site-packages versus site-python

Steve Holden steve at holdenweb.com
Sat Mar 5 22:30:30 CET 2005


enrio at online.no wrote:
> I recently installed python 2.4, and many installed software packages
> stopped working. Some things got working after I copied some files and
> directories from /usr/lib/python2.3/site-packages to
> /usr/lib/python2.4/site-packages, but I also had to install a newer
> PyXml package, as some of the files that came with python2.4 required a
> newer version of pyxml than I had in python2.3/site-packages.
> 
> I wonder if there is any particular reason I have no
> /usr/lib/site-python directory, and everything is installed in
> version-specific site-packages.
> 
Well, broadly, the reason is that it allows version-specific code to be 
included in libraries.

Of course, Python is so good at maintaining backward compatibility that 
it's unlikely a pure Python module will fail to run on the next version 
of Python. But you have to do this for extension modules, where the code 
is compiled against a specific version of the Python interpreter API,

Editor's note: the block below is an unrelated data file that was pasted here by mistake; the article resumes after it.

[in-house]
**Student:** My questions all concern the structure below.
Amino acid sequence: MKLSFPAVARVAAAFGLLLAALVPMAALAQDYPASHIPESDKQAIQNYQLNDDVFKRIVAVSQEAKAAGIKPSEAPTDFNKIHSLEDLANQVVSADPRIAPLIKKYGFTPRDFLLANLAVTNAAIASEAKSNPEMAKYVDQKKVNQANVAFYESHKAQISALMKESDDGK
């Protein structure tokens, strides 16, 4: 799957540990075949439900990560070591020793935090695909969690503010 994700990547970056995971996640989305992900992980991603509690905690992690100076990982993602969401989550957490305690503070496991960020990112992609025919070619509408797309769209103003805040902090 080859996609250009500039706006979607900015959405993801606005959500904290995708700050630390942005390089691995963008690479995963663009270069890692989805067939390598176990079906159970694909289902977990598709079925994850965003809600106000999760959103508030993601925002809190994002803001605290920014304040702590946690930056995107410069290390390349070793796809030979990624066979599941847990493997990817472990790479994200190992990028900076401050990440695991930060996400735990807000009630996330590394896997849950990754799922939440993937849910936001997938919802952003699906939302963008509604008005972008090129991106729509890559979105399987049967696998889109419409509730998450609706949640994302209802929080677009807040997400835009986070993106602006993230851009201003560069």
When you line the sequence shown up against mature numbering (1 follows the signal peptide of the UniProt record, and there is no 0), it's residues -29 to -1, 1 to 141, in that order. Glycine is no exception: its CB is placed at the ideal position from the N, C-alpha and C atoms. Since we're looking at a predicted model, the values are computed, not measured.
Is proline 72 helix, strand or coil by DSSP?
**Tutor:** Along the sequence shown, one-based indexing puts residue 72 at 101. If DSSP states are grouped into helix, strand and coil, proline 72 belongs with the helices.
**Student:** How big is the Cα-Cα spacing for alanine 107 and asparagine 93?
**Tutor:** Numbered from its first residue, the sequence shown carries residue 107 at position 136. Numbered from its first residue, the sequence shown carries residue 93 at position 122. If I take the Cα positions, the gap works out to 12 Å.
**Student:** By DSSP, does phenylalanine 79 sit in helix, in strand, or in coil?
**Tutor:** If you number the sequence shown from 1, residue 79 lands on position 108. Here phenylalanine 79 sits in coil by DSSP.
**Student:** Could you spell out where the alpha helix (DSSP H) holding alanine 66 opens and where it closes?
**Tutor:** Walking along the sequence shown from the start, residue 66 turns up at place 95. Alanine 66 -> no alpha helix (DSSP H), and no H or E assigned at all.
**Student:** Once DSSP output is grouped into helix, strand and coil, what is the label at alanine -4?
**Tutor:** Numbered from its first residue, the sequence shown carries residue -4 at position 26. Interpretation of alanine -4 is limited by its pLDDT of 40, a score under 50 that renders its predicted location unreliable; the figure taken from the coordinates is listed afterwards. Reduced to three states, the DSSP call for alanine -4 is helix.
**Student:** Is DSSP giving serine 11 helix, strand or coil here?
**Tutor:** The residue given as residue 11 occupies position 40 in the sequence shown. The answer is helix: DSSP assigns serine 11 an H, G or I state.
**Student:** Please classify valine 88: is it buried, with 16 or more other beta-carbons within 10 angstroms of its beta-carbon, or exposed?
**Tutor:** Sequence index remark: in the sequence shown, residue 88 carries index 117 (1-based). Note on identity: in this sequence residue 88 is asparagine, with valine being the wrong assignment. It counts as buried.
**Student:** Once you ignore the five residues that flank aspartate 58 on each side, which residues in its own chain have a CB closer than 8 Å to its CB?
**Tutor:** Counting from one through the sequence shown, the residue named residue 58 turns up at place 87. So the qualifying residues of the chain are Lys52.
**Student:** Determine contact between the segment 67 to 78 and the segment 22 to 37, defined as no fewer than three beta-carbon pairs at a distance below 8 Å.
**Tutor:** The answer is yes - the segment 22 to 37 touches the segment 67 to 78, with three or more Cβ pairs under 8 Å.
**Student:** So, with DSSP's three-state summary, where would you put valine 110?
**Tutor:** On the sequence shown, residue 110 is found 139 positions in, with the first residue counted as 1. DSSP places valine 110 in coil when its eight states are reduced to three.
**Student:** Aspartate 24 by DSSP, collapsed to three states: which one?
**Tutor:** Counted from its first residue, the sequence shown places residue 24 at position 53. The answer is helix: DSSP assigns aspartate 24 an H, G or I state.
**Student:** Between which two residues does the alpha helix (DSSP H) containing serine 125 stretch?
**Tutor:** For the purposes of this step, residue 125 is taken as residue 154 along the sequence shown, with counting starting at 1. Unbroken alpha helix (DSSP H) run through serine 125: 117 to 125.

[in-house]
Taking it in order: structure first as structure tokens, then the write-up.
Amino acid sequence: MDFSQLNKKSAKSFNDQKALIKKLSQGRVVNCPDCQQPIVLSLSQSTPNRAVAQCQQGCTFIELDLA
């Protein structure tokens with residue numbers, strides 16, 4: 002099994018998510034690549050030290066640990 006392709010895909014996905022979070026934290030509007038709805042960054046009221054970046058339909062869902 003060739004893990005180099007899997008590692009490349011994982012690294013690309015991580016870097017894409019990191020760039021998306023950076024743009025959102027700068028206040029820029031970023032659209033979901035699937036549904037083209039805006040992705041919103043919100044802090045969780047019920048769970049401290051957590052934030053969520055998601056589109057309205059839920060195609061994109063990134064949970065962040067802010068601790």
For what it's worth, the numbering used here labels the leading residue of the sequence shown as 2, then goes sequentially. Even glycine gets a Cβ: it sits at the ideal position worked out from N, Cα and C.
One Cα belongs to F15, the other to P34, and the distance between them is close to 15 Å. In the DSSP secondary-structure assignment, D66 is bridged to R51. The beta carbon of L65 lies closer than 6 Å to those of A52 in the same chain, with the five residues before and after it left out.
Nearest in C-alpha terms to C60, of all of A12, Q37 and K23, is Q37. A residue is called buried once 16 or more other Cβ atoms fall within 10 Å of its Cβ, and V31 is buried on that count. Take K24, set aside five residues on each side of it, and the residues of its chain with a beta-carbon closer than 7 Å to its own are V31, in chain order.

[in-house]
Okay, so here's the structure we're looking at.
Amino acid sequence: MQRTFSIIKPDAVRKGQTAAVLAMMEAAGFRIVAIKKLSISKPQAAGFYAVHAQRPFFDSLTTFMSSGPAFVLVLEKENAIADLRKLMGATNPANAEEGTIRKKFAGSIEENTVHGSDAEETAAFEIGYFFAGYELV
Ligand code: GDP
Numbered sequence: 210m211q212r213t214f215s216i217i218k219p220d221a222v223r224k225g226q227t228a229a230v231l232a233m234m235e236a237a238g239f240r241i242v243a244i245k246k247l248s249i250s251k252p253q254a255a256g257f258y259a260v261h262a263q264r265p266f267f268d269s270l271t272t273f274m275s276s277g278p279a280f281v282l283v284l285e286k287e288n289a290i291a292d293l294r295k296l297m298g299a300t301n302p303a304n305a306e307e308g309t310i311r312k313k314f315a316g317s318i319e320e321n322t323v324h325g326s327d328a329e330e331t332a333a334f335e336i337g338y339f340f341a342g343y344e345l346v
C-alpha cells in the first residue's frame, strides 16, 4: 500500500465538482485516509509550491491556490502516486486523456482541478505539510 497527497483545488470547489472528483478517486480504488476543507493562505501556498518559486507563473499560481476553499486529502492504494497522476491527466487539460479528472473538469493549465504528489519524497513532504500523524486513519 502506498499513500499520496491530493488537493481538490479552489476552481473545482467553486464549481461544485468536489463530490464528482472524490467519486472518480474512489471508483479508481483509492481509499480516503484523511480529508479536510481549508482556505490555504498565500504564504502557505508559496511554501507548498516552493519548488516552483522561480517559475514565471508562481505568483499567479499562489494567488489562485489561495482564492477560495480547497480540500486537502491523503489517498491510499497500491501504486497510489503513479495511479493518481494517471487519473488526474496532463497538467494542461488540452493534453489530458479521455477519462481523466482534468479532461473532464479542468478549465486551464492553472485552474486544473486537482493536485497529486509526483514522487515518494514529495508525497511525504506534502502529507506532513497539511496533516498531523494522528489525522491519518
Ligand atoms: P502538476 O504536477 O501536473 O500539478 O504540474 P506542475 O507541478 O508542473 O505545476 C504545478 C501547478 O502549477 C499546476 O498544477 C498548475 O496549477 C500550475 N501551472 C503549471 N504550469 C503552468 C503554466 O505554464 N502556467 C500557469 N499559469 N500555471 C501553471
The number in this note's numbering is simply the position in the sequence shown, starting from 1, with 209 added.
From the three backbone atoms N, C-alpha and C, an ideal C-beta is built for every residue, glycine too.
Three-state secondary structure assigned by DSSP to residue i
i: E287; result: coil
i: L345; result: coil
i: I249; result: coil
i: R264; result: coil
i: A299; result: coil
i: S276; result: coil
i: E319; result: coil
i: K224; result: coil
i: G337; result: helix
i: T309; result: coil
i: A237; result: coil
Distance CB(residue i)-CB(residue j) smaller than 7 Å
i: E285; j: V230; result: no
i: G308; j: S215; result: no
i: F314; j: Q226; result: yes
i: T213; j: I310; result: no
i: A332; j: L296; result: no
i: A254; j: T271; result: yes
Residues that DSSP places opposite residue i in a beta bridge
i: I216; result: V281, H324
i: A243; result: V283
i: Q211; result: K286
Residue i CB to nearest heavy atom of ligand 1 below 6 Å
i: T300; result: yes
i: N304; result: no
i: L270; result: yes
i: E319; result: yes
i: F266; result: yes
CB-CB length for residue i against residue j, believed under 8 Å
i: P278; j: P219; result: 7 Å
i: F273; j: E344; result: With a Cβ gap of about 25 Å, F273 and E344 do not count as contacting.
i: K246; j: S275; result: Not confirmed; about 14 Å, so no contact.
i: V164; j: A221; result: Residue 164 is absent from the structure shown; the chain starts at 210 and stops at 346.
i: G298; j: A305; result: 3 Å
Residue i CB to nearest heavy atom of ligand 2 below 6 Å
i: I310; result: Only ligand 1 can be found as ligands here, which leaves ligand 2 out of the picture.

which doesn't stay the same from one version to the next.

> I have Fedora Core 3. Is it the Fedora packagers who prefer installing
> everything in the version-specific directory? Is there no way to have
> older packages continue working in the presence of python2.4? (I still
> want the newest to be the default!)
> 
> I have tried (cd /usr/bin; grep '#!.*python' * 2>/dev/null), and very
> few of the programs have a specific version in the interpreter line. Is
> there any good reason this is so?
> 
> Thinking about it, a particular python program may require a particular
> module, but not any particular version of python or the module. The
> module perhaps requires at least python2.3, but could run just as well
> with python2.4 or later. It does not make sense to have the program
> demand a particular version of python in its interpreter string (e.g.,
> "#!/usr/bin/python2.3"), but what about the module. Would it be better
> to put the module in site-python and include code to check the
> interpreter version?
> 
> Perhaps there is no perfect solution that covers all permutations, but
> on the other hand, what is currently the "correct philosophy" of
> version handling?
> 
The current "correct" philosophy is to have version-specific libraries. 
Of course, there is nothing to stop you building your own 
*no*-version-specific library directory and configuring it on to the 
PYTHONPATH for each version you run.

regards
  Steve
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Steve Holden                           http://www.holdenweb.com/



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